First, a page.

In May of this year (2016) NIST published the document "Draft Special Publication 800-63-3: Digital Authentication Guideline". Among the many changes to the digital-authentication guidelines was the long-overdue decision to deprecate short-message service, one-time pads (SMS OTP).
A few eyebrows were raised by this move but to my surprise, rather than embracing the guidelines and pushing for reform, many information security people continued supporting SMS OTP, even if half-heartedly, by noting "it's better than nothing."
When pushed on the question of SMS security, some suggested "use a burner phone number". Others downplayed the risk by arguing SMS-interception attacks are rare and difficult to execute.
I'm disheartened to see the security community failing to take the lead on this opportunity to meaningfully improve security by pushing for better two-factor authentication.
"What's wrong with SMS OTP?"
First let's get on the same sheet of music. SMS OTP is the practice of sending a code, PIN or other one-time-use authentication token to a user's cell phone using the short-message service. The token is entered without transformation as a second authentication factor.
That last part is critical. Neither NIST, nor I, have a beef with SMS OTP that treats the value as a nonce that is transformed into the second factor. The problem is when the value is sent in the clear using public modes of communication and then used without further transformation.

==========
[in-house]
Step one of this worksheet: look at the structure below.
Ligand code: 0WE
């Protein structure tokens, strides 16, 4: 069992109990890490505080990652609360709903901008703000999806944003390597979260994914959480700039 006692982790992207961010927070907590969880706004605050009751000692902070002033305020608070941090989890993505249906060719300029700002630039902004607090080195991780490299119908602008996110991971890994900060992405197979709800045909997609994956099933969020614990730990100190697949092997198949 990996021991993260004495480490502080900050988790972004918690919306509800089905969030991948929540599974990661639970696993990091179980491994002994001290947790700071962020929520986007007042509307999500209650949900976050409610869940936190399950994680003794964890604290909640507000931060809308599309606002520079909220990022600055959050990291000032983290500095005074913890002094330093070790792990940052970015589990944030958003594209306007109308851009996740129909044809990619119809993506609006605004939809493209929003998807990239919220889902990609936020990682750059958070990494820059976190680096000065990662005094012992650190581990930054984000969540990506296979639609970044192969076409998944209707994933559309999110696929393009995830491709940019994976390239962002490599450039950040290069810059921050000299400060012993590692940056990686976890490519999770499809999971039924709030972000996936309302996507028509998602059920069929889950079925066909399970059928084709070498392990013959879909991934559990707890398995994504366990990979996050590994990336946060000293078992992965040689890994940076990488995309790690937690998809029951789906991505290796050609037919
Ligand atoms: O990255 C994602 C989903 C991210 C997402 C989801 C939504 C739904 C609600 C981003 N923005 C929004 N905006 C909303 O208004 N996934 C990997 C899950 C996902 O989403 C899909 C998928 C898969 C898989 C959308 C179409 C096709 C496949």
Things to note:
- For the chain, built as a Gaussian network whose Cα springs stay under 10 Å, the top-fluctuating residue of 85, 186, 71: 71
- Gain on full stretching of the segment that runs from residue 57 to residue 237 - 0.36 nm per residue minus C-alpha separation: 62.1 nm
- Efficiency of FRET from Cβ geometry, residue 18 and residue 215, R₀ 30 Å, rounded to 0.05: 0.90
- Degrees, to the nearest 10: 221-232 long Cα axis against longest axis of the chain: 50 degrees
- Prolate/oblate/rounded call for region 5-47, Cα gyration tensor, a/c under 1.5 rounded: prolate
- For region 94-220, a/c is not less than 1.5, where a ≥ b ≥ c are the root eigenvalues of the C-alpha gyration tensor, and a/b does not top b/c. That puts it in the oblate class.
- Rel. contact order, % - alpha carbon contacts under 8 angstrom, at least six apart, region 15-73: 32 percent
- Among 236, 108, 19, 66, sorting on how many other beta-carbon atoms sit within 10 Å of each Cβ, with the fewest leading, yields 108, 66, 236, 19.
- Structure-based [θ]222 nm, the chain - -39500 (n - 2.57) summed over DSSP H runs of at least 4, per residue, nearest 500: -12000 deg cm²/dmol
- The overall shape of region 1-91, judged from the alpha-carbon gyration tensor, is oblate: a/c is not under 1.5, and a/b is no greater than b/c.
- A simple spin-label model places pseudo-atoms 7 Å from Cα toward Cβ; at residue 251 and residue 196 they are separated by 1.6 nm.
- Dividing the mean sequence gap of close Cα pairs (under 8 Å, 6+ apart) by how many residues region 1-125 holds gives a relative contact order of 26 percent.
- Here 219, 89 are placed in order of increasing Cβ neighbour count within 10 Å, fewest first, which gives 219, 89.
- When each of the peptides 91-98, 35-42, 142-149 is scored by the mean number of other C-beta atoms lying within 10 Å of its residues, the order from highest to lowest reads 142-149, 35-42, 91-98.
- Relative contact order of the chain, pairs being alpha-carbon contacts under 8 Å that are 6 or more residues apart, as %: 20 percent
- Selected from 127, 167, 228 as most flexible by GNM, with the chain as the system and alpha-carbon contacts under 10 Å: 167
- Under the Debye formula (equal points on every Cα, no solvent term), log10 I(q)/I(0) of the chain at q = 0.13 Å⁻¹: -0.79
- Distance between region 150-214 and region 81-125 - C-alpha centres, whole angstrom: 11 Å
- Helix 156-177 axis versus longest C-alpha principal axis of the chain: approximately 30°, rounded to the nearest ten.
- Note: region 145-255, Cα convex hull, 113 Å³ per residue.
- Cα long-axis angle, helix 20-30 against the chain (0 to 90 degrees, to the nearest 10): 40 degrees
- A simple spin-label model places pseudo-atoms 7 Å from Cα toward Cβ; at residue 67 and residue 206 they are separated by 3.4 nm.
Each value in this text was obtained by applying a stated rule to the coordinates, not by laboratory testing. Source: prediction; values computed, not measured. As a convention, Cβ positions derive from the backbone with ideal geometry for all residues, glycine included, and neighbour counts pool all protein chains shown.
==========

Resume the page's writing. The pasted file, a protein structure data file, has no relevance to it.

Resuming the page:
The issue, of course, is that anyone who can monitor SMS communications can get the code. Once that's done, the jig is up.
"The probability of success is low."
First, SMS OTP isn't used just for two-factor authentication. Many sites use SMS OTP for account reset and password recovery. Get access to the user's SMS stream, request a reset code and in you're in. The risk in this case is extremely high.
Secondly, even for two-factor authentication SMS OTP is risky. We know user's reuse account ids and passwords. We also know there are dump sites attackers can mine for credentials. The only thing blocking an attacker from taking control of an account may be a single SMS message.
"Ok, but that's the hard part, right?"
Not really. Attacker's don't have to monitor all SMS communications to get one user's SMS messages. They just need the target user's SMS messages. And that's distressingly easy to accomplish.
First let's take off the tin-foil hats. Let's set aside nation-state actors. Let's also set aside state and local government's and their ability to clone cell phones legally. Let's not talk about SS7 or GSM eavesdropping. We won't even discuss phone hijacking.
Let's talk about plain old social engineering. Let's talk about stealing every account a user has by convincing their cell-phone service provider to move their phone number to another phone.
That's the problem with simple SMS OTP. Had the user in the story been using Google Authenticator or one-tap authentication in Google Search, his YouTube account would not have been compromised. Had Twitter, Instagram and all his other social-media sites been using real two-factor authentication, he wouldn't have lost years of work.